Open banking: where you at?
Open banking was supposed to be the ‘Big Bang’ moment for fintech. Application programming interfaces (APIs) were held up as the key to impenetrable banking systems. We’re more than two years on from Europe’s Second Payments Services Directive (PSD2), and many will argue that legacy banks’ doors are open just a smidgen.
Data aggregators like Tink, TruLayer and Yolt Technology Services (YTS) have been busy making PSD2 a reality for fintechs in the UK and across Europe.
But there is still more to do, a lot more, and it heavily relies on banks’ cooperation.
YTS’ chief business officer, Leon Muis, told FinTech Futures in February that the aim of PSD2 is yet to be met in the UK. The Financial Conduct Authority (FCA) wanted open banking to promote account switches, not just enable different services.
It’s through account switches that competition will really take off. Muis even mused that “it might be the quality of the API which determines account switches in the future”.
If this predication comes true, perhaps banks’ slow, bug-ridden APIs will finally see some drastic revamps.
Speaking of added services, the first step of many on the open banking yellow brick road, how many consumers actually know what services are available to them?
Traditional banking apps don’t advertise third-party fintechs – at least mine doesn’t. When I open my Lloyds mobile app, there’s a rather ugly ‘open banking’ tab if I scroll down – which I rarely do.
After a few too many clicks, you arrive at an ‘add account’ list. Hoping to find a treasure trove of fintech integrations at the ready. I am – shock – sorely disappointed. It’s just a boring list of banks I don’t bank with, because I already bank with Lloyds.
Now, I understand that open banking is infrastructure, better to be enjoyed than seen. But it can’t be enjoyed in the first place if no-one knows it’s there.
It’s a bit like a barely used bus route. All the stops are there, but next to no-one is waiting at them to hop onboard. Why? Because the stops are pretty much invisible to your average joe.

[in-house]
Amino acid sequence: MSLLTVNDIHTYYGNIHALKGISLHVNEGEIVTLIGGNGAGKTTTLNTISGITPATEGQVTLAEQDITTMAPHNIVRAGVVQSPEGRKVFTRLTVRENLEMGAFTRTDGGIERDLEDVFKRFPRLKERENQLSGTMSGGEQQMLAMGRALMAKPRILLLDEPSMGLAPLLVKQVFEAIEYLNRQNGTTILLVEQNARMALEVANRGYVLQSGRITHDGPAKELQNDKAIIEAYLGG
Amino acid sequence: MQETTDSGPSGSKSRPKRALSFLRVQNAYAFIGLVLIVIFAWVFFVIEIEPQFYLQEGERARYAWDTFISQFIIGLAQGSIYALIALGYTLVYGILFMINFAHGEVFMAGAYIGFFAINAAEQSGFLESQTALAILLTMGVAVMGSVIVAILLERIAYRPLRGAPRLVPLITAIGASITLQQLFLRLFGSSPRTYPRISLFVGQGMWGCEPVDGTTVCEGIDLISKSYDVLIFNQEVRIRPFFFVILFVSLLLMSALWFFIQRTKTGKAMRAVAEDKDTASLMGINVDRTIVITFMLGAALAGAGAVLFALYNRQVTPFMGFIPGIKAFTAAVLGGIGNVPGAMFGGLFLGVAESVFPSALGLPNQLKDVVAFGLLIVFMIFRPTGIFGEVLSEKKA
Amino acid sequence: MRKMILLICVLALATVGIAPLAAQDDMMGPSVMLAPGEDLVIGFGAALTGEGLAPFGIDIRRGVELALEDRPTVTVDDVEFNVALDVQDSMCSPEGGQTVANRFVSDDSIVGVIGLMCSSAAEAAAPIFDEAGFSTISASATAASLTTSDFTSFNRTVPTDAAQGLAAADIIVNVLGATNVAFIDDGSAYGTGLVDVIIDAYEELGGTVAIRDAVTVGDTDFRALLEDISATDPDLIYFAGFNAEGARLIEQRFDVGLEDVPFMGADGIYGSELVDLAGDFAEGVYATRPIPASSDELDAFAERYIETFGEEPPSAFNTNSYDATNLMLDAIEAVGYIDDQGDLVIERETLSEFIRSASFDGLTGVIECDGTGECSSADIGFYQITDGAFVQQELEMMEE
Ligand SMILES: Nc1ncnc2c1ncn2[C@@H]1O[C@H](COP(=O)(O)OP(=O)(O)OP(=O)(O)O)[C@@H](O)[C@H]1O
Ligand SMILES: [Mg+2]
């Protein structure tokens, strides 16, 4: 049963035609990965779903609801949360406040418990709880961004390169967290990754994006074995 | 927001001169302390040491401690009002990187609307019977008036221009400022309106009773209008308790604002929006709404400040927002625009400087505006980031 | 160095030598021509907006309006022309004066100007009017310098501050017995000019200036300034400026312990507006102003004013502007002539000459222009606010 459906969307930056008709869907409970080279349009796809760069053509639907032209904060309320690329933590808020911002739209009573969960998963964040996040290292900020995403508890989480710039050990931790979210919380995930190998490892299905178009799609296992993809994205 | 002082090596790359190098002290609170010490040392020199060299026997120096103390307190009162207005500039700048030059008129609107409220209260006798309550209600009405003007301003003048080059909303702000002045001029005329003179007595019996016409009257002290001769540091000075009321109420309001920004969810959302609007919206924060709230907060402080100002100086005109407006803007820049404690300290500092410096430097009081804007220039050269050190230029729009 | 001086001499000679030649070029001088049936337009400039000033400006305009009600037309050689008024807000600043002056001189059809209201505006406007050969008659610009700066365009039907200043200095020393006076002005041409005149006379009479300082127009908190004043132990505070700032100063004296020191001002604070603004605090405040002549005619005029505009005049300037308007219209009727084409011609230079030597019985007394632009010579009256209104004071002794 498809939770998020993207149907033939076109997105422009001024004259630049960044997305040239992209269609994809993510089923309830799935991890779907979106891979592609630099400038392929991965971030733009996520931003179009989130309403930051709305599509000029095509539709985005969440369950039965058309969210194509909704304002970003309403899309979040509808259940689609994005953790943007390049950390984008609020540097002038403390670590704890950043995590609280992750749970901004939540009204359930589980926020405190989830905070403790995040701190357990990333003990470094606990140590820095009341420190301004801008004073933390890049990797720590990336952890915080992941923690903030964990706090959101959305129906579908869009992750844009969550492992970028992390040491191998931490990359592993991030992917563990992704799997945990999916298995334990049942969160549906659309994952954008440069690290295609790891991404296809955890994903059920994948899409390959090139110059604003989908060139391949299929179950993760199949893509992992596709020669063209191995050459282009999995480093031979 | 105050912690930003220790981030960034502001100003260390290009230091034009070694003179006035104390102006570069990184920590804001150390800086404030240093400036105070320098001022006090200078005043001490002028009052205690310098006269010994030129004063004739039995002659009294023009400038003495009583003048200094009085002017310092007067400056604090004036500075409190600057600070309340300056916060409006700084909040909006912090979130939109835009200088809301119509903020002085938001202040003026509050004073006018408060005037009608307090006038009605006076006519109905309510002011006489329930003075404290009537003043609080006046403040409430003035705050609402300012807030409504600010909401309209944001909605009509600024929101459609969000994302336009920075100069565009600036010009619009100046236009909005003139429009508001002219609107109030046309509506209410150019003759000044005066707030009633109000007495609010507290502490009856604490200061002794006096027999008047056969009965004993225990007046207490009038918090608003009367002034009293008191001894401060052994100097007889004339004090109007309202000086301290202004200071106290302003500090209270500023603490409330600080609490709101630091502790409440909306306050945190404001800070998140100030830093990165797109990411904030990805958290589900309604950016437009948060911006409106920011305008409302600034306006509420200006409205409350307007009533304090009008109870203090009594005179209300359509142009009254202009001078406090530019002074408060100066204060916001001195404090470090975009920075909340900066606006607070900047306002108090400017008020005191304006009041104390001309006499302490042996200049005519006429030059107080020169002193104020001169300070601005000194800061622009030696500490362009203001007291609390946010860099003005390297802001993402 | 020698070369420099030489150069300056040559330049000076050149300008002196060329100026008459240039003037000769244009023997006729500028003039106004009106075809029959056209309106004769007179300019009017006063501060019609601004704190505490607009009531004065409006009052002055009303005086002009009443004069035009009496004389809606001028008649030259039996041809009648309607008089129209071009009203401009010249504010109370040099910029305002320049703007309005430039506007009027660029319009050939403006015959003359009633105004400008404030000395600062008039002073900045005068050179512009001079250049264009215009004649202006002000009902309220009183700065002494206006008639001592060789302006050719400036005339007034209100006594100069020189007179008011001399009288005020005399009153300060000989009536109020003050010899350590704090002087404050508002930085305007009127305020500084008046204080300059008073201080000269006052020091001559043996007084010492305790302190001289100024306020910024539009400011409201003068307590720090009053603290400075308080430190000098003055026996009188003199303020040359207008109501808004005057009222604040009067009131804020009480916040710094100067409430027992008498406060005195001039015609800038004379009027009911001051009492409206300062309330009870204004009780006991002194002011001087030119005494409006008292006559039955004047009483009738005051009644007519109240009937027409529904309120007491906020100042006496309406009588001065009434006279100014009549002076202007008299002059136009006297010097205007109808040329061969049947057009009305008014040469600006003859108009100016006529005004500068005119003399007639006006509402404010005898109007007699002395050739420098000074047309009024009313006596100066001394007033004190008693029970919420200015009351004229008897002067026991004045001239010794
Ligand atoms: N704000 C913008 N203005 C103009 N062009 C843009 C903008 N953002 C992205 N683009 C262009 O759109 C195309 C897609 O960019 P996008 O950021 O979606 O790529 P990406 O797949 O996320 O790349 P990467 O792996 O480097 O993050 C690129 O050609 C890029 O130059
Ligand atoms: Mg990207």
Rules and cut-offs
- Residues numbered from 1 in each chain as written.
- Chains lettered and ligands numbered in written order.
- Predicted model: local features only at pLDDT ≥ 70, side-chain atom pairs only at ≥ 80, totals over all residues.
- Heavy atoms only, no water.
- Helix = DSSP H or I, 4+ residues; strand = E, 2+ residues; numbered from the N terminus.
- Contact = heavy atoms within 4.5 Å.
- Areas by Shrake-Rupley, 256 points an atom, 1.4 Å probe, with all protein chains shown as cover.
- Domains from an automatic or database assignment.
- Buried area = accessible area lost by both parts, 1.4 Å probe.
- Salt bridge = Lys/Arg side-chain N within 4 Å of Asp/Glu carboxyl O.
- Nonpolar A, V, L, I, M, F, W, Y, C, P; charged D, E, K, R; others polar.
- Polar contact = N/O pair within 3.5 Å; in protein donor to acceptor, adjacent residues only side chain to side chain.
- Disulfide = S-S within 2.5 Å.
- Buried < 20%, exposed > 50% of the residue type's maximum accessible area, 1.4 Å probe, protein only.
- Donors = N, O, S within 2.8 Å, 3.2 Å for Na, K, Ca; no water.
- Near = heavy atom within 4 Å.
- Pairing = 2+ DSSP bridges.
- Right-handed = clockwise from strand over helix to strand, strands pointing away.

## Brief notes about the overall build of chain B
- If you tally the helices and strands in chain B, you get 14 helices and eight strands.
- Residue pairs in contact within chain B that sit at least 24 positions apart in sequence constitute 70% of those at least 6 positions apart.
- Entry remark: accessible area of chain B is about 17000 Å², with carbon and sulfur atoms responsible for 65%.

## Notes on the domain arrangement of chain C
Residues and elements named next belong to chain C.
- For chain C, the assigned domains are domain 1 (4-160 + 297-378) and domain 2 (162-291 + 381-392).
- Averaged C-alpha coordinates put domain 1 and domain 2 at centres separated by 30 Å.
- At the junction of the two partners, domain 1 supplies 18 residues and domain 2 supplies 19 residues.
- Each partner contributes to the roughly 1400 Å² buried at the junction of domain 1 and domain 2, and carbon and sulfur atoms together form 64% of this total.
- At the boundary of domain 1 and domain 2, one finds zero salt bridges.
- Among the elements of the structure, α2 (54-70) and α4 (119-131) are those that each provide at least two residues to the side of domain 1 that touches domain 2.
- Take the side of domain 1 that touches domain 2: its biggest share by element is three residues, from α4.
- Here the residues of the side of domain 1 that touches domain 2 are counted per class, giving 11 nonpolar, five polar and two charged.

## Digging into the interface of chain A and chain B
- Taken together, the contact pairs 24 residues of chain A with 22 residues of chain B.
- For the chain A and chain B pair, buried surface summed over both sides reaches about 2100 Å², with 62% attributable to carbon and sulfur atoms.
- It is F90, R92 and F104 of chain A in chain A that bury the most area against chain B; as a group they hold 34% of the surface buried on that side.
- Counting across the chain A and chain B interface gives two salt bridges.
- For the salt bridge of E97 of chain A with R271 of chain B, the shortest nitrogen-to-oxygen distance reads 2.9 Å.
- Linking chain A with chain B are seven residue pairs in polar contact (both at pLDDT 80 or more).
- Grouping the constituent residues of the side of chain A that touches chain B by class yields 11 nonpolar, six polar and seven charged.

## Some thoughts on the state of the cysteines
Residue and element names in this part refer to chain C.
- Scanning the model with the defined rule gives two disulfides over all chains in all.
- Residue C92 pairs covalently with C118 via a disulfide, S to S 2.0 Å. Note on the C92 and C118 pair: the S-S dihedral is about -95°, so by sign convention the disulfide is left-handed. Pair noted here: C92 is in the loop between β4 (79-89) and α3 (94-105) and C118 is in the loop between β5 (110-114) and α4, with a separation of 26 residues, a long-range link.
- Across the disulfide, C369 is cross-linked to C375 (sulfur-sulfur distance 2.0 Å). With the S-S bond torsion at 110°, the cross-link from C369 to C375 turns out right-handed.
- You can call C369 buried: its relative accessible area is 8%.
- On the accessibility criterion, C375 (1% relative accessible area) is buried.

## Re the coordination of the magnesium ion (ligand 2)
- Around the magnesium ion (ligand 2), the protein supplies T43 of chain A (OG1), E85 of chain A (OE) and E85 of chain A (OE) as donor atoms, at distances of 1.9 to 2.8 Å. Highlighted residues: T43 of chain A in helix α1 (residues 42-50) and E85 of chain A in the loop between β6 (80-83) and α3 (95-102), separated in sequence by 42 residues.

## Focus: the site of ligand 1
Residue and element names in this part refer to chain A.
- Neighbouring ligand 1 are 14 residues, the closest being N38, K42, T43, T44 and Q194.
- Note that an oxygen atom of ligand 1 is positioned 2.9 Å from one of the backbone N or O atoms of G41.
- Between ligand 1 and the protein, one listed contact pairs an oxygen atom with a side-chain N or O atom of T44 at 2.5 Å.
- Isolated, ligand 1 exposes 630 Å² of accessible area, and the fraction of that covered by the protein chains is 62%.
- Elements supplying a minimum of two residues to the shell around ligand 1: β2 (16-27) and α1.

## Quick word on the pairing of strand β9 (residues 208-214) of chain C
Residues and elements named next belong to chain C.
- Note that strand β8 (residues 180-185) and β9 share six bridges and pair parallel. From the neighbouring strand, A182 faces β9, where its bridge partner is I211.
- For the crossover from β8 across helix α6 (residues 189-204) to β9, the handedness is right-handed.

The UK celebrated one million open banking users in January. Of the 66.65 million people living in the UK, that means just 1.5% of the UK’s population are riding that bus. Hardly the competitive landscape the FCA hoped for.
But this percentage could start to climb. The Open Banking Implementation Entity (OBIE) launched the ‘Open Banking App Store’ in June. At present 68 apps are on show, but the OBIE says it will add ones weekly.
“Deciphering the advantages of each product can seem daunting,” says OBIE’s ecosystem development director, David Beardmore. “Better knowledge and greater awareness equate to more power in the hands of customers.”
Beardmore is absolutely right. All these services act as great diversifiers for the industry, but people need to know about them, and ideally find out about them in one place.
I’m a firm believer in convenience. Putting a fintech store on a barely trodden street somewhere won’t cut it. And I doubt OBIE’s app store is easy for consumers to find. The fintech marketplace needs to be integrated or linked through platforms people actually use – like mobile banking apps.
Of course, this raises issue of banks featuring their competitor’s products. But if the banks are failing to offer these products themselves, then why shouldn’t they open the door a little wider for those who can? That’s a whole other conversation.